As reactions poured in Thursday to the nation's deadliest school shooting in the U.S. in five years, President Donald Trump focused on the young man's mental health, and Attorney General Jeff Sessions said he wants the Justice Department to study how mental illness and gun violence intersect, and figure out how law enforcement can better use existing gun laws to intervene before these school shootings happen.
"It cannot be denied that something dangerous and unhealthy is happening in our country," Sessions told a group of sheriffs in Washington. In "every one of these cases, we've had advance indications and perhaps we haven't been effective enough in intervening."
Fourteen wounded survivors remained hospitalized as bodies were recovered from inside and around Marjory Stoneman Douglas High School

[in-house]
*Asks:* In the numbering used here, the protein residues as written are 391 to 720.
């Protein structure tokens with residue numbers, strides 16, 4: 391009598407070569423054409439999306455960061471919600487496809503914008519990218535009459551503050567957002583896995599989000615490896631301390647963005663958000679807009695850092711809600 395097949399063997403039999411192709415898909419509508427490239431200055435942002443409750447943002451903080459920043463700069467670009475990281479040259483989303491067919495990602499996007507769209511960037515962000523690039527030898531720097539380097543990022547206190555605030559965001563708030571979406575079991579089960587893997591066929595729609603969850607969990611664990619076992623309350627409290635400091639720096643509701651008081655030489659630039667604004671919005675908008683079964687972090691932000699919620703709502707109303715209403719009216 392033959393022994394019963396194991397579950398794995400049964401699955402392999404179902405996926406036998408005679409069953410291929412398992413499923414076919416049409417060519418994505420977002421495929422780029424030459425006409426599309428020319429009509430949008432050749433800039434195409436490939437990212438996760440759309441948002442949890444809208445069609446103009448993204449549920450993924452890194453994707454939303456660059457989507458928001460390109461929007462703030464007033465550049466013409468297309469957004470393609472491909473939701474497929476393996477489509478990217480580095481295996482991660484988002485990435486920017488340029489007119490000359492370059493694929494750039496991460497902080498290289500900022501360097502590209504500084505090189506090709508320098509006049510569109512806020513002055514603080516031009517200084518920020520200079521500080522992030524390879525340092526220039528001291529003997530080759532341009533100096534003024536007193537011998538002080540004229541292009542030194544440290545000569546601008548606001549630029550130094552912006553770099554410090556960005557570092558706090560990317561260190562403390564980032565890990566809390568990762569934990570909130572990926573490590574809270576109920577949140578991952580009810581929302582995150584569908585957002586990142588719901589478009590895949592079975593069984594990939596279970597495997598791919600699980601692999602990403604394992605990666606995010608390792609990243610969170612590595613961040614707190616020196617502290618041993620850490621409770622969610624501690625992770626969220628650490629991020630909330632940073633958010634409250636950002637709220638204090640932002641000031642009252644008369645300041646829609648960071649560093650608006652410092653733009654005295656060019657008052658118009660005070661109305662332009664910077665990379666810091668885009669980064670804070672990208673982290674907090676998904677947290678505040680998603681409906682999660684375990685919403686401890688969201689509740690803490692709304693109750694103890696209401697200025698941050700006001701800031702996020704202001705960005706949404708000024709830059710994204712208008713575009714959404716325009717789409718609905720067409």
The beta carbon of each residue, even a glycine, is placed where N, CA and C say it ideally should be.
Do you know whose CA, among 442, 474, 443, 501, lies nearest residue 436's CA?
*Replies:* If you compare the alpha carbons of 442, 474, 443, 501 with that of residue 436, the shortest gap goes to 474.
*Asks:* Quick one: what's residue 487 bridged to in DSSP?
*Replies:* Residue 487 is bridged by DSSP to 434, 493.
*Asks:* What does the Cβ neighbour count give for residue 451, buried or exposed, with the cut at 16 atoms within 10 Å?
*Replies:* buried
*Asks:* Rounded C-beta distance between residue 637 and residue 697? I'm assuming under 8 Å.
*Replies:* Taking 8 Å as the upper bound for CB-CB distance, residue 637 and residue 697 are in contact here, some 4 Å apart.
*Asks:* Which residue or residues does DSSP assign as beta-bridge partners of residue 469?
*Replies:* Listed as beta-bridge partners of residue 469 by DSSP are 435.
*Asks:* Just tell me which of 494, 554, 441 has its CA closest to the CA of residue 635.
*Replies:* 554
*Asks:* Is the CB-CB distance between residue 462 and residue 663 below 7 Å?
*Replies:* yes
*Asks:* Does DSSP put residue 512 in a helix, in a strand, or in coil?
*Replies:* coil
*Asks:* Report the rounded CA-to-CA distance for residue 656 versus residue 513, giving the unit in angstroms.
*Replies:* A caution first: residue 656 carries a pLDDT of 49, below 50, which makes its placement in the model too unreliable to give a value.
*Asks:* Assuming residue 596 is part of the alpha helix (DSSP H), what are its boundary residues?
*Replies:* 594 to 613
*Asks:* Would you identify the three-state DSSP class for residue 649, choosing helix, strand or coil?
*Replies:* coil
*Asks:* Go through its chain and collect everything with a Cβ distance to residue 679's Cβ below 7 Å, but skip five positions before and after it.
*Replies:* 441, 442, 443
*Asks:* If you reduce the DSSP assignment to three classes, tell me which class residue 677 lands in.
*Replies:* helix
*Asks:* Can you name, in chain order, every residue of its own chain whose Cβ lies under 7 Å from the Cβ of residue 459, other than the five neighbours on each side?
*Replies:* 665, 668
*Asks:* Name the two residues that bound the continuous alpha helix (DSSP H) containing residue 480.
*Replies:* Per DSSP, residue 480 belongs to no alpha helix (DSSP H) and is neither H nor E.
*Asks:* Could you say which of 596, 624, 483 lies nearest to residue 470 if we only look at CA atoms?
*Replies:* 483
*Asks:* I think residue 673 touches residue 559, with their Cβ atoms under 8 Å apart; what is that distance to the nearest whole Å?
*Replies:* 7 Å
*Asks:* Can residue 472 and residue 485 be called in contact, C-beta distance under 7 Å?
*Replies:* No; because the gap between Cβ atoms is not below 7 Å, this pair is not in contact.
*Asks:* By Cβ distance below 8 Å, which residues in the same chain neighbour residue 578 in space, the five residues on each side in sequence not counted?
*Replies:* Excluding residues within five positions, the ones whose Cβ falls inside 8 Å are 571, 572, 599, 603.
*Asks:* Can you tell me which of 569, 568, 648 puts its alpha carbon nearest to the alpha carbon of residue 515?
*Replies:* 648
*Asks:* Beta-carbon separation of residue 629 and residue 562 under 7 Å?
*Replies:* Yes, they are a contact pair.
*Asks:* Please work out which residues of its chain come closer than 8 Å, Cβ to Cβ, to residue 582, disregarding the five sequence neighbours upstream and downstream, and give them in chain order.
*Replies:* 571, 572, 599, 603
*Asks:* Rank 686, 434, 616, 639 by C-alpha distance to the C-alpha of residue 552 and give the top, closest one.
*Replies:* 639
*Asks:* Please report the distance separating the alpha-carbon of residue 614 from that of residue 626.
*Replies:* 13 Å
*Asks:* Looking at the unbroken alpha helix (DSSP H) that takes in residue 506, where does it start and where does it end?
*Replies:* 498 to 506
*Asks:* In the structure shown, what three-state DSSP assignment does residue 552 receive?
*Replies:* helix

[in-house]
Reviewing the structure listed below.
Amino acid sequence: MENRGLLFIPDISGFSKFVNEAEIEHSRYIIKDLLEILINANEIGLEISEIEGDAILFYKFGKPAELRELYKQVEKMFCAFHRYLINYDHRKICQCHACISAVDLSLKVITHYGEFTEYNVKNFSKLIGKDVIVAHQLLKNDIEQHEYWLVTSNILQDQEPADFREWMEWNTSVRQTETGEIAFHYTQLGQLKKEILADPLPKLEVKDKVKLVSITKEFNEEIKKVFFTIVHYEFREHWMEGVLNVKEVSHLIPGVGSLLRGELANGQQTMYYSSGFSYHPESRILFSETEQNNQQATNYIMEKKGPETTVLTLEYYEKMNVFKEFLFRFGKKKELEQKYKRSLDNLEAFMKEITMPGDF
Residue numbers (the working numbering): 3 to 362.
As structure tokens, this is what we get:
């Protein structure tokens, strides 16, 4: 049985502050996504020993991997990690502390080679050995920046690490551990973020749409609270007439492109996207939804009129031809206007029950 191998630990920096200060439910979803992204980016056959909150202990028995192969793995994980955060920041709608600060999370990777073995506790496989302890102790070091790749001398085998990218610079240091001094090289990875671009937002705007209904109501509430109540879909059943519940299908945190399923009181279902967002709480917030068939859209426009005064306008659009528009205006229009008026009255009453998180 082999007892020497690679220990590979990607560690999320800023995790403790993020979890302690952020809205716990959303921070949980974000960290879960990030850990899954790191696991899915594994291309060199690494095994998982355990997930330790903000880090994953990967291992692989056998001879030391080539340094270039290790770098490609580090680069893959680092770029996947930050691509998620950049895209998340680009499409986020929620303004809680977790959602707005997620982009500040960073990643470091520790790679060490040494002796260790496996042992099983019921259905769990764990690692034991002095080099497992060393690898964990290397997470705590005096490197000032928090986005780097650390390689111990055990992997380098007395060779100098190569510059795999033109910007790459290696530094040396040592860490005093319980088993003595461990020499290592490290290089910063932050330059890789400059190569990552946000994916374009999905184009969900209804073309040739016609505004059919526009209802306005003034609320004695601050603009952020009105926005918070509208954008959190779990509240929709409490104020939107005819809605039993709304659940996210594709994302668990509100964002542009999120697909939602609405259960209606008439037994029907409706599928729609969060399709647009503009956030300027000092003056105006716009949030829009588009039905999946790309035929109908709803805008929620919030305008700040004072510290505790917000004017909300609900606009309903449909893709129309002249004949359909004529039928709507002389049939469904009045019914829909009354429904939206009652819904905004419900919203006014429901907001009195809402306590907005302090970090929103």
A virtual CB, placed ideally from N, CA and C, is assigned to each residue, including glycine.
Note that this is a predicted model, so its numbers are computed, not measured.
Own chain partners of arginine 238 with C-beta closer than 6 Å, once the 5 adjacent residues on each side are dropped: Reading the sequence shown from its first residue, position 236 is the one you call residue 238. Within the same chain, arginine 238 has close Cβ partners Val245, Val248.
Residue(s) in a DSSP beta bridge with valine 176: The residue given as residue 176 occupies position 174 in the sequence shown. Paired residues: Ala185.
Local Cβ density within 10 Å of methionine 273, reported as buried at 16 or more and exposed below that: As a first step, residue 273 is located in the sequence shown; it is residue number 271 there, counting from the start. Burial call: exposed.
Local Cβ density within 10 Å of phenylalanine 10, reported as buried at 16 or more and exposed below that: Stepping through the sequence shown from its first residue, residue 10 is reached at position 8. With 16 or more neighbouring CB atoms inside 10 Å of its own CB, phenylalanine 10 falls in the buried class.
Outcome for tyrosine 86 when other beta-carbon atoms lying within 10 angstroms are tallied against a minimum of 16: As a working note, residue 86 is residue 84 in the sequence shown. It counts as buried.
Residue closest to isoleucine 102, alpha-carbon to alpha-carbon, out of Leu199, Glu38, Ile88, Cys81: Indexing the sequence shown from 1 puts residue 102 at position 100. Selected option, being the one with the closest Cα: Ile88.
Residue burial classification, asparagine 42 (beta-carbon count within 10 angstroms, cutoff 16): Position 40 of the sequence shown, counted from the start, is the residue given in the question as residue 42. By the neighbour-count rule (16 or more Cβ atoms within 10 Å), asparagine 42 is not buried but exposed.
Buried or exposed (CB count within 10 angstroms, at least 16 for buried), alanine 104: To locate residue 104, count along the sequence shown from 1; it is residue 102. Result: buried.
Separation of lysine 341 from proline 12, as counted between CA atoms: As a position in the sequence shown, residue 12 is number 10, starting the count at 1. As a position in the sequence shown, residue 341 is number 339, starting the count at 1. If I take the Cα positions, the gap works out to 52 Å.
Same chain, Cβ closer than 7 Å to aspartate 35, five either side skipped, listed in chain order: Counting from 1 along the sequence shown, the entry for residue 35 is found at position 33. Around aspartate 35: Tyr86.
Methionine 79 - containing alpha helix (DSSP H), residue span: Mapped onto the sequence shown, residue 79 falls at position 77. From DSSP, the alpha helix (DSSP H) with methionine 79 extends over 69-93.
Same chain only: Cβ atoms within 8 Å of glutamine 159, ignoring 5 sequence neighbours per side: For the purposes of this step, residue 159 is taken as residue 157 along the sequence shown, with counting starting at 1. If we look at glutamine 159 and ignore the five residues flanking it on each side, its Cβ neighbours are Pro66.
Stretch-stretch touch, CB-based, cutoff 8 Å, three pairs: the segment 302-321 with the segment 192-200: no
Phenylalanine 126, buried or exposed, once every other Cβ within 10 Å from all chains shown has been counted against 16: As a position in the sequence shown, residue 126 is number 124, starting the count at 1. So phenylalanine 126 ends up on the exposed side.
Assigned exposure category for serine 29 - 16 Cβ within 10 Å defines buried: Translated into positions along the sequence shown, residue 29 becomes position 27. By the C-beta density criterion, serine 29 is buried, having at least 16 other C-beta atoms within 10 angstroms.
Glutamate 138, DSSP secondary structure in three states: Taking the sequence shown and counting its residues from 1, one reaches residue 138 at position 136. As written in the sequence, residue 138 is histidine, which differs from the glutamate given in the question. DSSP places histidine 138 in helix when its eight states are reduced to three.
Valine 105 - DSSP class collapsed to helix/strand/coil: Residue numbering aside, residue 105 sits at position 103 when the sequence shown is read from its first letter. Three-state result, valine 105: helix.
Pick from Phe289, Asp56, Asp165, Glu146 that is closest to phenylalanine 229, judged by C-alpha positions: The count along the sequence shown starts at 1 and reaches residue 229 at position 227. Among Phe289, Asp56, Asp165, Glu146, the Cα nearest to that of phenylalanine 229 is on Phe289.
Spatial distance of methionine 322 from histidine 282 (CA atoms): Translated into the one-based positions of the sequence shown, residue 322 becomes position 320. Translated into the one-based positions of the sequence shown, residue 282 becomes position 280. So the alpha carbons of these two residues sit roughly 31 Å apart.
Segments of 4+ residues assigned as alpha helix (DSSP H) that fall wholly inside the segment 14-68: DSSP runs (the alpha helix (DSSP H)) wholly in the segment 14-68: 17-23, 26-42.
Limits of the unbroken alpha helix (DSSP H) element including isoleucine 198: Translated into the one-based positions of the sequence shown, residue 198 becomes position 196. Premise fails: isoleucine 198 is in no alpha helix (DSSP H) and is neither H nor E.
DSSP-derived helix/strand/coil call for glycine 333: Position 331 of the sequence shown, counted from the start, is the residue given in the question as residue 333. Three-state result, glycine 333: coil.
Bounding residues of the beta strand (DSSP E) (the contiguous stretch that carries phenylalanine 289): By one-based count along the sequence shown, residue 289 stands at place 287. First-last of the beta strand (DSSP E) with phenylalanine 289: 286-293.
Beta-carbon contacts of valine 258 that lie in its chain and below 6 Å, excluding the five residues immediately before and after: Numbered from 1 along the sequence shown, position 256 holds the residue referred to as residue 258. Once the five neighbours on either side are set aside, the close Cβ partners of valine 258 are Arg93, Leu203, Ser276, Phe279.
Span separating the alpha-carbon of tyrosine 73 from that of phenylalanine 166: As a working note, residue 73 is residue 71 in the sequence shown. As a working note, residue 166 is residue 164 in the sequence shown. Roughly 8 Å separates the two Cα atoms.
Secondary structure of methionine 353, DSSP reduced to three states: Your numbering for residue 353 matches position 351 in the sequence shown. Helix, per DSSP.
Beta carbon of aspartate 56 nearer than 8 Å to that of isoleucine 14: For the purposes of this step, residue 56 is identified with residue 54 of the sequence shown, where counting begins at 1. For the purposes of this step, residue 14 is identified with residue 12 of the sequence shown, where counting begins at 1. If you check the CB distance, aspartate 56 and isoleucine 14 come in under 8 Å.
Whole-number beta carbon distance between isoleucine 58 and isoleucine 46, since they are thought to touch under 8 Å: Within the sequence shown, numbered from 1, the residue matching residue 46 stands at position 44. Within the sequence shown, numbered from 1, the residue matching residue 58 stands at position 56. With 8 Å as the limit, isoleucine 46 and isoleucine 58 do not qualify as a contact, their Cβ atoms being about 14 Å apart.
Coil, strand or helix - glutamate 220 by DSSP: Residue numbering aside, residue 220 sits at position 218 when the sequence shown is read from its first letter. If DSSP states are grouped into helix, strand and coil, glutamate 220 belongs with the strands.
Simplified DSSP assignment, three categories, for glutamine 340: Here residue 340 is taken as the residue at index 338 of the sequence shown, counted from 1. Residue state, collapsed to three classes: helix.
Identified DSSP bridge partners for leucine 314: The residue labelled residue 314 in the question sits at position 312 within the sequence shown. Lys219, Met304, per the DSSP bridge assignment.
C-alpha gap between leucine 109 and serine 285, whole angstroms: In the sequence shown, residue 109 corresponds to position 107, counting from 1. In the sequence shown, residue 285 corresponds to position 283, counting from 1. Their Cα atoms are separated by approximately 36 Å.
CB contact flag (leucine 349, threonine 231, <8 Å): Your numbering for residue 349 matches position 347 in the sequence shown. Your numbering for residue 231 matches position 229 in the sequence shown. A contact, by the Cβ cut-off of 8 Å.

Trump lamented in a tweet that there were "So many signs that the Florida shooter was mentally disturbed, even expelled from school for bad and erratic behavior. Neighbors and classmates knew he was a big problem. Must always report such instances to authorities, again and again!"
Trump also issued a proclamation saying, in part, "Our Nation grieves with those who have lost loved ones," and planned to address the nation about the shooting. Pope Francis sent a telegram of prayer and condolences, and the New York Stock Exchange held a minute of silence after its opening bell.
Cruz legally purchased the AR-15 used in the attack about a year ago, law enforcement officials told The Associated Press. The officials, not authorized to discuss this publicly, spoke on condition of anonymity. Federal law allows people 18 and older to legally purchase long guns, including this kind of assault weapon.
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